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Orthopedic Manual Therapy for Plantar Heel Pain

Plantar heel pain, often referred to as “plantar fasciitis” is a very common wear and tear, or overuse condition, reportedly affecting 1 in 10 individuals in a lifetime, and nearly 2 million Americans every year.

The pain is typically located in the arch of the foot, extending to the heel, and is often the worst when taking the first steps early in the morning, and after prolonged sitting. These problems can lead to long lasting pain and disability, if left untreated. Plantar heel pain is commonly treated in physical therapy.


Although treatment with modalities such as iontophoresis, to electrically move pain relieving medications to the painful area, combined with foot and calf stretching has been found to produce short-term pain relief for these conditions, studies have shown that the pain typically returns in less than three months after treatment.

A newly published well designed randomized study showed that manual physical therapy (orthopedic manual therapy) consisting of deep soft tissue mobilization to the arch/heel and calf, and joint mobilization stretch to the rear foot, combined with arch and calf stretching, produces significantly greater improvement in pain and function both short term and long term, as compared to treatment with ultrasound, iontophoresis, stretching and ice.

Previous studies have also shown strong evidence that foot orthotics can help these conditions, and there is moderate evidence that night splints, to put the calf and possibly arch on stretch, can be helpful as well. However no studies have compared such treatment to orthopedic manual therapy with exercise.


Plantar fasciitis has been shown to be a degenerative rather than inflammatory condition of the plantar fascia. It may be caused by overuse, although quite frequently it is associated with abnormal foot mechanics. Therefore, for plantar heel pain to be treated effectively, a thorough biomechanical foot evaluation has to be performed by a competent clinician.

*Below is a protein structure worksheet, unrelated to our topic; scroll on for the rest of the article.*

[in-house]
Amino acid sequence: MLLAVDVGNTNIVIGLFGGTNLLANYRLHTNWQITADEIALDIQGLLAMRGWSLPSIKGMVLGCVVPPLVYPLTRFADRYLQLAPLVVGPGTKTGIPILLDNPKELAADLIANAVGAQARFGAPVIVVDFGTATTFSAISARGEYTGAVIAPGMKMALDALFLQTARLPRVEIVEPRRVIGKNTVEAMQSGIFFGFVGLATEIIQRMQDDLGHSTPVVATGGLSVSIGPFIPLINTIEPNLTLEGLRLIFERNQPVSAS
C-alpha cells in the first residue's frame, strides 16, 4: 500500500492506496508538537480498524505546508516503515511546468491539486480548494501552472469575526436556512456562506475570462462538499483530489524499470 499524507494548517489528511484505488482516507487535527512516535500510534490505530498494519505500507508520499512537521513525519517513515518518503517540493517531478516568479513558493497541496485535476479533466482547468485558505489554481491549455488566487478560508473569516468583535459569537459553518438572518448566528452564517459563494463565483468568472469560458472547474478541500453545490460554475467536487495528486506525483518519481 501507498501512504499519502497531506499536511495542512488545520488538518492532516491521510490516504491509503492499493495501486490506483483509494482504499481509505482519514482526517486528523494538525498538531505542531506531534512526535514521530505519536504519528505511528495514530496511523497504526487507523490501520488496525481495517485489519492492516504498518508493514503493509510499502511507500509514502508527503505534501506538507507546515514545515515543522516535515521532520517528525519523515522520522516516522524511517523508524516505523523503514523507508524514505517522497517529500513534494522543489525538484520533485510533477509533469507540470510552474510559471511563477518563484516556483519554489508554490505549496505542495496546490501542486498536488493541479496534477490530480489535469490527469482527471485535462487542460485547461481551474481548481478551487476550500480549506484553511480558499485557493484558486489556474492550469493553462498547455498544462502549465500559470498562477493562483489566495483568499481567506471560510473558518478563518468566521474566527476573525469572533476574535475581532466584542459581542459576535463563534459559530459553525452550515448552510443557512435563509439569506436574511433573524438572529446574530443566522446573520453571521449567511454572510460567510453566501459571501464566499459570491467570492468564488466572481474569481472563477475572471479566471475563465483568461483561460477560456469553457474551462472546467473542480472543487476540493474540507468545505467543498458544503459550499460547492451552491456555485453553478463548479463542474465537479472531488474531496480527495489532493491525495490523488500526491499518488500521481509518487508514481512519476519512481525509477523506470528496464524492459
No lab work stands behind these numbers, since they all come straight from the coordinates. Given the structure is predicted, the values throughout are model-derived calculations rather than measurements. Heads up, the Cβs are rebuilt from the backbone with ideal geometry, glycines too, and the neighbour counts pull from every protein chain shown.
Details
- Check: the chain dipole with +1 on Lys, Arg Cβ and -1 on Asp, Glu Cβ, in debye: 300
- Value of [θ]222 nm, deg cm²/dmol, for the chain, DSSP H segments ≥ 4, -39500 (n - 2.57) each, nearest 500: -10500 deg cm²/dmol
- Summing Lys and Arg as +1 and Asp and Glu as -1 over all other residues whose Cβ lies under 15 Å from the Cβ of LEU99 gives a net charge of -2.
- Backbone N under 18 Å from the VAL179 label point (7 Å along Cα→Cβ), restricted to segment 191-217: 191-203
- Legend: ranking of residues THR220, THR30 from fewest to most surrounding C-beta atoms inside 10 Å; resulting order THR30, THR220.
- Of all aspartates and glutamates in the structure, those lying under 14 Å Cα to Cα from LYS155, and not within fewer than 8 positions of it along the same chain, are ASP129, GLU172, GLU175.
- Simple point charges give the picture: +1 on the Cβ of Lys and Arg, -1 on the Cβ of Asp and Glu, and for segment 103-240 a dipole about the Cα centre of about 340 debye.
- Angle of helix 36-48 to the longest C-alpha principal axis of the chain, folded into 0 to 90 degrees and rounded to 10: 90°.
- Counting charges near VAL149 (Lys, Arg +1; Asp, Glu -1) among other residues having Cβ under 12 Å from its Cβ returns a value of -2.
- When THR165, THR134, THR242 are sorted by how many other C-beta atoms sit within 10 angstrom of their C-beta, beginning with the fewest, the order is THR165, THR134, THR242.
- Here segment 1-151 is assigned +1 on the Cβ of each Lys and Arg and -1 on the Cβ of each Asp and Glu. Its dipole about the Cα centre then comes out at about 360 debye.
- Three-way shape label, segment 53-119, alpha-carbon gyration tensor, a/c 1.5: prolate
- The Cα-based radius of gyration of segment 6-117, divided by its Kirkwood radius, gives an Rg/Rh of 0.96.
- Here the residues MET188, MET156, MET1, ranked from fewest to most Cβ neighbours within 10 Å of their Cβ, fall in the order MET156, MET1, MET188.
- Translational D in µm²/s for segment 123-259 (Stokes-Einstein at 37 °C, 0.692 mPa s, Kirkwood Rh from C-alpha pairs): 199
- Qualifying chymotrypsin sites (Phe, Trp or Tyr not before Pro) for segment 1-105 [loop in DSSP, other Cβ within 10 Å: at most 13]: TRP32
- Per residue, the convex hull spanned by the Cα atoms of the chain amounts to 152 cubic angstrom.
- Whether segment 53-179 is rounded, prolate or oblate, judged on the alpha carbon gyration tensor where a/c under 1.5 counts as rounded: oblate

Plantar heel pain is typically caused by excessive stretch to the plantar fascia. During a normal gait cycle, the arch of the foot should temporarily fall during the middle phase of walking, while the foot is planted. However, the arch should not fall already when the heel first comes in contact with the ground, nor should it be flattened as we start to push off with the foot.

Some people already stand with their heels tilted, causing the arch to fall or flatten immediately. This starts to stretch the plantar fascia. If this flattening, or pronation, continues through a majority, or worse the entirety of the gait cycle, this plantar fascia stretch continues with full body weight applied to it, potentially causing strain and wear and tear of the plantar fascia.

Other people have restricted upward motion (extension) of the big toe, which also prevents the arch of the foot from being restored at push-off.

It should be pointed out, that this scenario does not necessarily apply to people with congenitally flat feet even when not putting weight on the foot, where the plantar fascia has adapted to its lengthened resting position, which does not change very much when they get up on their feet.


According to our orthopedic manual therapy training (through the Ola Grimsby Institute) and based on recent research, to attain optimal results when treating plantar heel pain, you need to combine procedures aimed at restoring more normal foot mechanics, initially reduce stretch forces on the plantar fascia while walking, apply manual techniques to inhibit the pain and normalize soft tissue and joint mobility in the foot and lower leg, and subsequently apply and progress precisely measured forces through exercise to the plantar fascia, in order to increase its tolerance to strain.

Deep soft tissue mobilization to the plantar fascia is an integral part of the treatment approach, and we also teach our patients to perform daily self mobilization to the fascia either manually, or by using a ball, can, or similar objects.


Since the plantar fascia initially cannot handle much stretch, it is usually helpful to add a heel lift, and at all times use good shoes with a supporting heel counter (such as a good running shoe), and to never walk barefooted. Most people would benefit from a foot orthotic, either an over the counter support such as “Super feet”, or by fitting the patient with a custom foot orthotic, if there are more pronounced biomechanical abnormalities.

Daily activities, including walking and workouts must initially be modified, in order to reduce the plantar fascia irritation.


Specific exercise is the main means by which we can increase a tissue’s tolerance to strain, performed while the patient gradually increases his or her activities and exercise. We also specifically include exercise for foot and lower leg muscles which are capable of increasing the arch of the foot, and thereby decrease the strain on the plantar fascia.

We may use a resistive pulley apparatus in the clinic, and at home, and over time progress weightbearing exercise as well. We always encourage our patients to continue with exercise at home, well after having finished their treatment program in the physical therapy clinic.

With best wishes for continued good health,


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